The UK North West Photogrammetry Hub (NW Hub) is a collaborative knowledge exchange network of researchers, curators, museum professionals and students looking to upskill multiple heritage sector organisations in the region. More than 100 people across 20+ heritage and science institutions and organisations got involved in the NW Hub in 2021 to receive training in the creation and use of virtual 3D models. We’re launching our first collection of models in a virtual museum and we’d like to share our story, we hope you enjoy!
This is a fly through of the NW Hub virtual museum model.
Ardern Hulme-Beaman — Ardern is originally a zooarchaeologist/ecologist who studies differences in shape between populations of animals. He got into digital humanities through the desire to build and share his expertise in photogrammetry and love of visiting museums for data collection. To this end he founded and set up the University of Liverpool Photogrammetry Team and the NW Hub, which aimed to build digital 3D skills in students and bring them to museums for experience and research. He also plays the uilleann pipes (Irish bagpipes), which appear in the exhibition amongst the curators’ personal items in the Social History section.
Charlotte Sargent — Charlotte is originally an Egyptologist researching the written expression and social context of ancient Egyptian friendship. She has worked in the Garstang Museum of Archaeology as both a volunteer and a curatorial assistant, which led her to getting heavily involved in photogrammetry. Charlotte was the lead technician in the Art Fund funded portion of the NW Hub for all of 2021 and led training museum professionals and volunteers. She photogrammetried her lucky robin for the curators’ personal items in the Social History section.
The network was born out of Ardern’s work to train and bring students to museums to expand their knowledge and experiences in digital heritage. To this end, Ardern founded a photogrammetry working group at the University of Liverpool in 2017. Photogrammetry is relatively easy to pick up, but advanced skills are best developed with a lot of trial and error (mostly error!). A central ethos in the university working group was non-hierarchical knowledge exchange whereby students would learn to train newcomers in the basics. Students would then develop and integrate into wider team projects to trail and formulate efficient protocols for advanced model building (complex structures, shiny objects, image enhancement etc.—check out this dancing hippo model by undergrad Kaitlyn McGann for international day of dance in 2019. We wanted to extend this approach to learning and skills development by bringing it to people working in the heritage sector in the NW of the UK.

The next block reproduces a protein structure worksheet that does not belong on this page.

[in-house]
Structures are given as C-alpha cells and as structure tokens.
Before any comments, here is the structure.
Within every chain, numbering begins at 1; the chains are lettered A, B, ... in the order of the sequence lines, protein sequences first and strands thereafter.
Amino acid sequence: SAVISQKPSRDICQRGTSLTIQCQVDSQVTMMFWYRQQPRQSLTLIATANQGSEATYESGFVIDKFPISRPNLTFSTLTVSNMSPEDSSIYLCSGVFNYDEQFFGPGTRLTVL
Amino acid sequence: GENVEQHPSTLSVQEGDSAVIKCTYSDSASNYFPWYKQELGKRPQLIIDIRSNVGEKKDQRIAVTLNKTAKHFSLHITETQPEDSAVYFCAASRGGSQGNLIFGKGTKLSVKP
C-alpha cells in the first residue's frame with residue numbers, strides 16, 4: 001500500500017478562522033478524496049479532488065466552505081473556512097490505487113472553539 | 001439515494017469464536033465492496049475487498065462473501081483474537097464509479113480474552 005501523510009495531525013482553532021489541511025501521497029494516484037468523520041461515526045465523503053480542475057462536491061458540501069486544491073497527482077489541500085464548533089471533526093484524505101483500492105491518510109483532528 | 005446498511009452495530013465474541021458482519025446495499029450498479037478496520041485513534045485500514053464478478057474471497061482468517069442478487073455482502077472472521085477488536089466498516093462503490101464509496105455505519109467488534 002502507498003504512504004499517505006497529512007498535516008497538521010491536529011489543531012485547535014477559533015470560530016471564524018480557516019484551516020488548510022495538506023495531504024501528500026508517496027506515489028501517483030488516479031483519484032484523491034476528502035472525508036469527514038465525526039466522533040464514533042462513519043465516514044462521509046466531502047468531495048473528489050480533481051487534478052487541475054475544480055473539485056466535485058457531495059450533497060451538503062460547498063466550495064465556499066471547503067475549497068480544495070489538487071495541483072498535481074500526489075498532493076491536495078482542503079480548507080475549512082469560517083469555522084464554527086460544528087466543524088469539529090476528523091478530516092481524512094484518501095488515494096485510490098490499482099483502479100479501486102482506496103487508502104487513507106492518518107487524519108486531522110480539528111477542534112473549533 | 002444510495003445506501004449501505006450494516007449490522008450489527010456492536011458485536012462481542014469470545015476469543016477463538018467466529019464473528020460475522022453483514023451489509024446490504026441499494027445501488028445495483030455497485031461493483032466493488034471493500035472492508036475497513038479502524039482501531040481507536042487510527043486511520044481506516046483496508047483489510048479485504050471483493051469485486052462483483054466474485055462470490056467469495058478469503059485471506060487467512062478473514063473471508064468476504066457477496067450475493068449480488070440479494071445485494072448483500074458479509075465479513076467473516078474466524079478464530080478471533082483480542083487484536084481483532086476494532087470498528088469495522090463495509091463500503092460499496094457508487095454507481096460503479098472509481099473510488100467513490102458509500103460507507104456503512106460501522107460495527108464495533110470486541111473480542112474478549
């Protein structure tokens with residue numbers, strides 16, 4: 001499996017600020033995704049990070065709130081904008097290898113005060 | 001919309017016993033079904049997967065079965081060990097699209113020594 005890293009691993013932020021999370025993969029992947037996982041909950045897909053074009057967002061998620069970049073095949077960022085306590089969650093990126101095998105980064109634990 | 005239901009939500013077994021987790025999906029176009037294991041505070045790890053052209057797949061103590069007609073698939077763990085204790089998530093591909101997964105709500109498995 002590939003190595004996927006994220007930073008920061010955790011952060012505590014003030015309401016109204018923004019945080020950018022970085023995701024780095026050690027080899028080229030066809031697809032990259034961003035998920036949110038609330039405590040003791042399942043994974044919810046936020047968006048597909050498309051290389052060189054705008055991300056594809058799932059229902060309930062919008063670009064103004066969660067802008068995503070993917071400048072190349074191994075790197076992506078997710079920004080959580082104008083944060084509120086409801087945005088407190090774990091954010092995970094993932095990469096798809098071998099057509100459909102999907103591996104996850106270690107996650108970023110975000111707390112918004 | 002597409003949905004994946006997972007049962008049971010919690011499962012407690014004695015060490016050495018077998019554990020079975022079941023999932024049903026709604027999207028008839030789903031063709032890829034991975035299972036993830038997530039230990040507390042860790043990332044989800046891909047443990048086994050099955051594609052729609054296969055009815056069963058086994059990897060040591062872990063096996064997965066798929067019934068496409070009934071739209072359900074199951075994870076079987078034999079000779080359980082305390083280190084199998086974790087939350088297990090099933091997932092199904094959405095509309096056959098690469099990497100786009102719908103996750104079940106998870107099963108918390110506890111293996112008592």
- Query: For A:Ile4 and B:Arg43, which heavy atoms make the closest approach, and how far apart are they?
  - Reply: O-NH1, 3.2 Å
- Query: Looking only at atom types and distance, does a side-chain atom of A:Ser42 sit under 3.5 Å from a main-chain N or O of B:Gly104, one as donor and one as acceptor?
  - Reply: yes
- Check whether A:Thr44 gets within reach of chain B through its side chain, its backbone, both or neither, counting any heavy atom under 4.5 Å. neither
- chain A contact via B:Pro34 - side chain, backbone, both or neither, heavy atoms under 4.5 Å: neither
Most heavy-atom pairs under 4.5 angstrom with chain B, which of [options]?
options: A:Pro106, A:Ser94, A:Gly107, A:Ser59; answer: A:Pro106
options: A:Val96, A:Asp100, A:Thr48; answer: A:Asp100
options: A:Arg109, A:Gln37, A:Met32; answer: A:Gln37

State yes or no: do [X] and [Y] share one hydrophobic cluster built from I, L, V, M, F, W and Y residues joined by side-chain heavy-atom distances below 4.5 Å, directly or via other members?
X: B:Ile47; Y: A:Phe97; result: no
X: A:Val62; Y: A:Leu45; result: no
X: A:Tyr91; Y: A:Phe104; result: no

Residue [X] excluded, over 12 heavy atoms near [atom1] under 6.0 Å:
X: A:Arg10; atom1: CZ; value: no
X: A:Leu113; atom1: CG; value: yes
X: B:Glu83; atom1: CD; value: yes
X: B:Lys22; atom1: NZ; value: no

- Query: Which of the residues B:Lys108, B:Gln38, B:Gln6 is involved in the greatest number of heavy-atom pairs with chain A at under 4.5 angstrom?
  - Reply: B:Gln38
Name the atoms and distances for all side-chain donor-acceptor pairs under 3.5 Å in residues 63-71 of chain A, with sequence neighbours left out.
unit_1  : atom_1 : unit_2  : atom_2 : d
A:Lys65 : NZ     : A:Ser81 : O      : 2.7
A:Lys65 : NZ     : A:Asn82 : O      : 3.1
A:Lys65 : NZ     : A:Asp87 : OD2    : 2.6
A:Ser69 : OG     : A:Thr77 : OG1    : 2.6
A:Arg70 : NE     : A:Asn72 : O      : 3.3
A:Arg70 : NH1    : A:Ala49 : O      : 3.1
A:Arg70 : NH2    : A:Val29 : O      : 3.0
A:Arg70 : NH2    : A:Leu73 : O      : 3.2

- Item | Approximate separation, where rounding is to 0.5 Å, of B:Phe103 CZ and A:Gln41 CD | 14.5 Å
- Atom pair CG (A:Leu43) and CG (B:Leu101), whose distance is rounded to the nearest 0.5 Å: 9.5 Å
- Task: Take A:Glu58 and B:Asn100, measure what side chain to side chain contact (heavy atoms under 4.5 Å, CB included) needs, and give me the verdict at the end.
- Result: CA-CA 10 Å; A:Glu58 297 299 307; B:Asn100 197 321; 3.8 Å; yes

Photogrammetry, the creation of virtual 3D models from multiple 2D photographs, provides a hugely accessible and useful tool for the heritage sector to digitally record collections, make them more accessible and draw in new audiences. Photogrammetry presents a number of hurdles to many museums, particularly small local ones, as gaining sufficient skills and building computer infrastructure to support digital 3D activities is a challenge and can be costly. By building a collaborative knowledge exchange hub it’s possible to share experience and resources.
Covid created significant challenges and unexpected opportunities for our original student group. It put a complete stop to all student activities initially and some of the most experienced team members graduated without being able to pass on their knowledge to the next cohort, but it also opened up a multitude of funding opportunities for this kind of project. The models the team built were in high demand and were added to Sketchfab teaching collections within both the University of Liverpool and also several other UK and international universities. Digital 3D models offer a richer experience than in-person object handling alone. It is often possible to zoom into 3D models of objects and examine them in great detail and at high resolution in a way that in-person handling could only replicate with cumbersome and difficult-to-use magnification equipment. It’s also possible to handle virtual objects more freely than physical objects. Additionally, digital tools open up a whole range of other analytical opportunities; for example, by applying image enhancement techniques and examining objects without their textures, it can become easier to identify things like cracks and moulding lines.